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The team at FPC is privileged to have been asked to present a series of talks on financial literacy for law graduates at BPP University Law School, although they would be equally relevant for any young professionals.

In our final talk, Chartered Financial Planner at FPC, Stephen Caffrey talks about debt, types of interest, credit scores and student loans…


Debt is something that all of us will encounter during our lives. It’s important to point out that not all debt is bad. For example, mortgages are considered to be a good form of debt as they can provide young people with independence (and an opportunity to escape from the parents!).

Bad forms of debt tend to be short term with high interest rates, such as overdrafts and pay day loans.

The office of national statistics findings shows that around 40% of people aged 22-29 have no savings at all, whilst 10% have around £2,000 to £3,000 and only 25% have over £6,000. Therefore, all it takes is losing a job or a broken-down car for you to get started in the debt spiral.

Although young professional people are expected to be more financially mature, it’s important that they fully understand how to avoid some of the pitfalls associated with debt.

What is debt?

  • Debt is money borrowed from one party to another such as loans, mortgages and credit cards.
  • When you borrow money you will pay back the original amount (called the capital) plus the interest (which provides the lender with compensation for bearing risk).
  • Interest is usually defined as APR (annual percentage rate) which tells you the cost of borrowing.
  • Secured vs Unsecured: Secured debt is collateral backed (eg. if you fail to make mortgage payments, the provider can repossess your home) and usually offers a better interest rate whereas unsecured is not collateral backed (eg. credit cards with interest rate determined primarily on credit score).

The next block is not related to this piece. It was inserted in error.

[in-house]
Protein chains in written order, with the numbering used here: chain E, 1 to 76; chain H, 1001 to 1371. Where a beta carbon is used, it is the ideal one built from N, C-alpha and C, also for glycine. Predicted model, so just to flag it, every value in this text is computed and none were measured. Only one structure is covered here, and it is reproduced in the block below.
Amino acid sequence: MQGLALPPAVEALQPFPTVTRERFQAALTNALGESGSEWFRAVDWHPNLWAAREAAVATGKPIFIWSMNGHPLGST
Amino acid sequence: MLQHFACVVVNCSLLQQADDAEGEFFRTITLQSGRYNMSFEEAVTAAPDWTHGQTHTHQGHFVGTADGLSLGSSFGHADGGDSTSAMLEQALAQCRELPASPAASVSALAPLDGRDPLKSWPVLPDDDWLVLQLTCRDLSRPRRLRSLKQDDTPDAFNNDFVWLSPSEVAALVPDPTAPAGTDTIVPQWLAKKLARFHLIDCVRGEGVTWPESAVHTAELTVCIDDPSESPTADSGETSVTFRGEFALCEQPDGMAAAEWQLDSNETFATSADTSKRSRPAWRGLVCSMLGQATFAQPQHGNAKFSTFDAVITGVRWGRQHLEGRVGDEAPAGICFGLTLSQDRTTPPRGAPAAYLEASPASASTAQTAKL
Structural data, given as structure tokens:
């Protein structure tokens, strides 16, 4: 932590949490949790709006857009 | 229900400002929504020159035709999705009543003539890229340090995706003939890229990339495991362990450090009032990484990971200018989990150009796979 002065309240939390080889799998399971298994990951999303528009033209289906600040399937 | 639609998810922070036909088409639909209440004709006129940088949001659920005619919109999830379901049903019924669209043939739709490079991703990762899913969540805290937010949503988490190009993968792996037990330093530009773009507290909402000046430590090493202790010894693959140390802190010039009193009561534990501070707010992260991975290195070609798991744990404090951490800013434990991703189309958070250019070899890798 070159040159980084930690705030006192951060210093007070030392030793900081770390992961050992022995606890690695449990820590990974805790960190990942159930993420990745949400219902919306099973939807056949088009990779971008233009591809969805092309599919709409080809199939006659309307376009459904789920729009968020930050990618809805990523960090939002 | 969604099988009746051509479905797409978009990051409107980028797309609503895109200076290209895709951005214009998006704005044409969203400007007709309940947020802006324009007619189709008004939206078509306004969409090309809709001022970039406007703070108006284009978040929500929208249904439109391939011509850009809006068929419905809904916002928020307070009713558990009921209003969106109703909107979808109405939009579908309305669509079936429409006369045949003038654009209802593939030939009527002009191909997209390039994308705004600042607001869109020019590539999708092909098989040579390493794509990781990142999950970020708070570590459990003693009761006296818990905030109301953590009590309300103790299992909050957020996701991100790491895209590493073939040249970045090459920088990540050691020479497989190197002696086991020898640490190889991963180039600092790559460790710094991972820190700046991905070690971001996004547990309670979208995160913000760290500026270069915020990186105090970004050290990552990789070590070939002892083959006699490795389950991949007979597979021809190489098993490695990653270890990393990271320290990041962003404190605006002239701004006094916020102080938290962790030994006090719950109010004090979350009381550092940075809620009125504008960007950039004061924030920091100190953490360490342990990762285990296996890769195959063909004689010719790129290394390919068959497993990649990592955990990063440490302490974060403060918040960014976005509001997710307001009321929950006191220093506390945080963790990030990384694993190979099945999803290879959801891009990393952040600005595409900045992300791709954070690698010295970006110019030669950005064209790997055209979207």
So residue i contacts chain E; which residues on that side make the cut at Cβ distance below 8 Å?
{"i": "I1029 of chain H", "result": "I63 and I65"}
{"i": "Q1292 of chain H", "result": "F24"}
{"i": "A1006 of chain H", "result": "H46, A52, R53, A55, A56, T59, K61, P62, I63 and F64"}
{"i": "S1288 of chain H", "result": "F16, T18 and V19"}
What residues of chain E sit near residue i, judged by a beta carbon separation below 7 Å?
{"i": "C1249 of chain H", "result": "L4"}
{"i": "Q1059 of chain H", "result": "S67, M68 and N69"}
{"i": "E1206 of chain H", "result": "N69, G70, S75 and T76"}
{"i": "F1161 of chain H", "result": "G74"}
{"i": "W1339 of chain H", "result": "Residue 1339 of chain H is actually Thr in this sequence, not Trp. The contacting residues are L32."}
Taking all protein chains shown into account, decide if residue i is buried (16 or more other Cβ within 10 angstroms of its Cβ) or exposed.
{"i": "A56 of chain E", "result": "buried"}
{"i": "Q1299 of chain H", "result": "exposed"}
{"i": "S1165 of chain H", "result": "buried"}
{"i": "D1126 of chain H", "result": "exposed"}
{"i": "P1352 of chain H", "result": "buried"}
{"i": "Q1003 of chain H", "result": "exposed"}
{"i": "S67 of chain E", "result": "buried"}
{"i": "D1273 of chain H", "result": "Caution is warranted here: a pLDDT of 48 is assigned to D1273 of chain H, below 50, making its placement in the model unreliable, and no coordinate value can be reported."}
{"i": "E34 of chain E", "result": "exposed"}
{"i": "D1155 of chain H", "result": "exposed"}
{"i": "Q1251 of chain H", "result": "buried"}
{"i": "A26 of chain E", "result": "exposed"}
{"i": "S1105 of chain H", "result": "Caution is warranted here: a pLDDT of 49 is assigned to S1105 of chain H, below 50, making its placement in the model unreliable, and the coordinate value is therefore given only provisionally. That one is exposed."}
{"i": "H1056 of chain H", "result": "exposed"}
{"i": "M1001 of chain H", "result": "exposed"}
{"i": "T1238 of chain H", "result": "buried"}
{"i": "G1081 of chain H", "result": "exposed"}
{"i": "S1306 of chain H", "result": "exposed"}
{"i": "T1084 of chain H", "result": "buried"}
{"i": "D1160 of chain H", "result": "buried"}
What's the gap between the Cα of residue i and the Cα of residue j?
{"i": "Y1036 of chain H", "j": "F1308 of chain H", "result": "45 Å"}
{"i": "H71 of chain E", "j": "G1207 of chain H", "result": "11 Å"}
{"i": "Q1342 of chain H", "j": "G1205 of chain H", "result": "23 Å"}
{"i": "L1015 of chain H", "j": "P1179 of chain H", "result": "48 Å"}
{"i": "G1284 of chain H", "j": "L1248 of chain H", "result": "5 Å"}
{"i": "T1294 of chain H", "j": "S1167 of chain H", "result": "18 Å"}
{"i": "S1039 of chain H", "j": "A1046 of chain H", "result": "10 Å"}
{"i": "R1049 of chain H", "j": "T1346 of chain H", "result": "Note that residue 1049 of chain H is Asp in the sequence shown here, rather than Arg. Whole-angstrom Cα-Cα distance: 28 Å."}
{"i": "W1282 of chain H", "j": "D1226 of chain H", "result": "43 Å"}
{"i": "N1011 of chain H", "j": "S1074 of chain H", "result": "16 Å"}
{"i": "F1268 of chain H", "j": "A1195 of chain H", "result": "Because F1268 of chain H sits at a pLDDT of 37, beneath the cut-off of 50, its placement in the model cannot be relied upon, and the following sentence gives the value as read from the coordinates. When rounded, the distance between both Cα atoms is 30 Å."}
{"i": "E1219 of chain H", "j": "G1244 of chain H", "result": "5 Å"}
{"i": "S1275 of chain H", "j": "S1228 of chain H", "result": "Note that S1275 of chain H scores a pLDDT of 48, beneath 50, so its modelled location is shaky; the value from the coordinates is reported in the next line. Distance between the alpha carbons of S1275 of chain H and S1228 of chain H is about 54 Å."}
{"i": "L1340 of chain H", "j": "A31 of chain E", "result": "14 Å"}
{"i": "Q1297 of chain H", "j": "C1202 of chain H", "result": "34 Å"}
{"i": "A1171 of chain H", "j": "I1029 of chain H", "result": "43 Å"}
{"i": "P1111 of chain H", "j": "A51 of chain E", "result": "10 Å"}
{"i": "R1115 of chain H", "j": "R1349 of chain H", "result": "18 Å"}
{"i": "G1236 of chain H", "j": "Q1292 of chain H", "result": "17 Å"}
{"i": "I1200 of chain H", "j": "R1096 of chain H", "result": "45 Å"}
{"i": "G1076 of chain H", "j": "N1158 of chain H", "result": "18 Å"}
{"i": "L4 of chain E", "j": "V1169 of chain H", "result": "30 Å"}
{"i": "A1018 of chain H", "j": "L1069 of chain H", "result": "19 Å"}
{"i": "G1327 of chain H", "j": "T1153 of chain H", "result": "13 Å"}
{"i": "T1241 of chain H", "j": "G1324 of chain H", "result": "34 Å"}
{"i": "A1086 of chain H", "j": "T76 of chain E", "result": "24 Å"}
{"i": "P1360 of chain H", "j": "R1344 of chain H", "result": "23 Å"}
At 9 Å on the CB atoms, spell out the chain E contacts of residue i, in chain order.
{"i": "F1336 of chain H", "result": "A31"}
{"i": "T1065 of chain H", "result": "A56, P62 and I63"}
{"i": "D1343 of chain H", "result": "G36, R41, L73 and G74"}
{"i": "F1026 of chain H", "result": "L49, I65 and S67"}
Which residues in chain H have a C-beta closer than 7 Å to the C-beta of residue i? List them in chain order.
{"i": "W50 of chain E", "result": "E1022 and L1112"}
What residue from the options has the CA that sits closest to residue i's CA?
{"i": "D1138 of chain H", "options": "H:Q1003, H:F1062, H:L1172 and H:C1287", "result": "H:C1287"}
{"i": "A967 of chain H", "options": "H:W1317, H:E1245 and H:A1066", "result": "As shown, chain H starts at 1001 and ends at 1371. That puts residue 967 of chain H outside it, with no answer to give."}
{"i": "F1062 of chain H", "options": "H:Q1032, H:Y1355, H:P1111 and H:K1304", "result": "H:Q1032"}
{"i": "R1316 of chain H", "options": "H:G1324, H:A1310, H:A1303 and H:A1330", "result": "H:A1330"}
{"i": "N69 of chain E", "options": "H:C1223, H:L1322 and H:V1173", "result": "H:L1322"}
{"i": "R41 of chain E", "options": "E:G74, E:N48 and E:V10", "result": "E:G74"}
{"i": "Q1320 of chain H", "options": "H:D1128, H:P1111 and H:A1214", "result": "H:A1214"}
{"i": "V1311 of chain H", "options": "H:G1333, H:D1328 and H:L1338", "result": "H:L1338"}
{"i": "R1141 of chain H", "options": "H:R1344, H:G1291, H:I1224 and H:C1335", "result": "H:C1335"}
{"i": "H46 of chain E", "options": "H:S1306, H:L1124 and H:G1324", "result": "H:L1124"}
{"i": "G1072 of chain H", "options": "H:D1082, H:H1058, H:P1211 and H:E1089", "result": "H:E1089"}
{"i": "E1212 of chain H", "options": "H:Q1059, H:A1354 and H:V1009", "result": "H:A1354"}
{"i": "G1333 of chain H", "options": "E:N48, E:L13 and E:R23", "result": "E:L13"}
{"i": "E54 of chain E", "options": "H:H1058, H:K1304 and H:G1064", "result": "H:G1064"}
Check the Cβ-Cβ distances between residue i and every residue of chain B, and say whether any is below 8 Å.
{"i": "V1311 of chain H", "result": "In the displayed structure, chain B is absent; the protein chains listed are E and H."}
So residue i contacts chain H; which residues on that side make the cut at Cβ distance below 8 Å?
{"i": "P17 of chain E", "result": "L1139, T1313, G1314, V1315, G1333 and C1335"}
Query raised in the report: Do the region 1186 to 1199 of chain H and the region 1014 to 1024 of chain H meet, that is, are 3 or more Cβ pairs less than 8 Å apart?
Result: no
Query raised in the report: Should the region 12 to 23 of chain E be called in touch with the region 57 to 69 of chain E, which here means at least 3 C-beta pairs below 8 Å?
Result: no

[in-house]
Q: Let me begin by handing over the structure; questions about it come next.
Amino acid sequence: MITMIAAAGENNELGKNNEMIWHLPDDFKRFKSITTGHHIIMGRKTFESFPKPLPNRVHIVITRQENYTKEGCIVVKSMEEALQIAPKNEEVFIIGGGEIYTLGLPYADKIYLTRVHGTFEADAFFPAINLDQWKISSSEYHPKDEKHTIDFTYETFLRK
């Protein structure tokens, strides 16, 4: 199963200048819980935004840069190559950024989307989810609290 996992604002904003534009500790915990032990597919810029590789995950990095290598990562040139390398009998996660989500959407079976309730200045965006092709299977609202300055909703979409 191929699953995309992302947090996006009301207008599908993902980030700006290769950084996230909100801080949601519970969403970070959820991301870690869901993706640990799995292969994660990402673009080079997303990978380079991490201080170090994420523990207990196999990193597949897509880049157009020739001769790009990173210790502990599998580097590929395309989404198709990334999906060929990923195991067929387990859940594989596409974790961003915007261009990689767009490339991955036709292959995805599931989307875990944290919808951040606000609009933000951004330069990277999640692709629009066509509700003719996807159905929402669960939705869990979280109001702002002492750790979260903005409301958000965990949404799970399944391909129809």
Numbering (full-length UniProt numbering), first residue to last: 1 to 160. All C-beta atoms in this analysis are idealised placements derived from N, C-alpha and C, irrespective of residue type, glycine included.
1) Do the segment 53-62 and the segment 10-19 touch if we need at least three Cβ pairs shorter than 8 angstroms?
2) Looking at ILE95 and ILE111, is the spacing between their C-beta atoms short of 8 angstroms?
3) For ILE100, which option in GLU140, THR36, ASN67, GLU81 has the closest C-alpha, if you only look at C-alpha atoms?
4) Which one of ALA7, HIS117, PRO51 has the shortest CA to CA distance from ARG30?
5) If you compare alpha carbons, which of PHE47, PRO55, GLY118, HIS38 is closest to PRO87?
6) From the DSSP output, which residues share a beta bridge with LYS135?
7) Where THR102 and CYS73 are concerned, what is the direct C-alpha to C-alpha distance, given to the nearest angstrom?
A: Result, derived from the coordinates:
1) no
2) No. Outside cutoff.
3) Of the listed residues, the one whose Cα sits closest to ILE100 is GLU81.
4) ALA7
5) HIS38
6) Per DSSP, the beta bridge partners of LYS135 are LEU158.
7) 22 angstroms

Simple vs Compound Interest

Focusing on the interest element, there are the two most popular forms of interest, which are simple and compound. Simple interest is a fixed percentage of the original sum borrowed year on year, and compound interest is interest added to interest.

Here you will see the difference between simple vs compound on £10,000 loan over 10 years, with a 10% interest rate

As you can see you will pay more interest using the compound method. Compound is used by most lenders including credit card and payday lenders.

Credit cards are currently around 30% APR whilst some payday loan lenders have a rate of 766% APR, so, when compared with the 10% shown in the graph it shows you just how easy a debt can get out of hand if the interest is left to accumulate and compound.

Factors determining the level of interest charged

Here are the three main ones:

Secured vs unsecured (mentioned earlier) – when collateral is involved you usually benefit from a better interest rate.

Credit score – a person’s credit score is shown as a numerical value representing an individual’s credit worthiness. The better your score the more likely you are to obtain a higher amount of credit at a lower interest rate. So, if you pay your debt on time and don’t miss any payments, the more likely you are to have a better credit score.

Strangely, people who have debt but make the payments on time can have a better credit score than people who have absolutely no debt. This is because it proves the individual has a track record of keeping promises and paying back their debt on time, whereas the lender has no information on the person with no debt, so the risk is higher.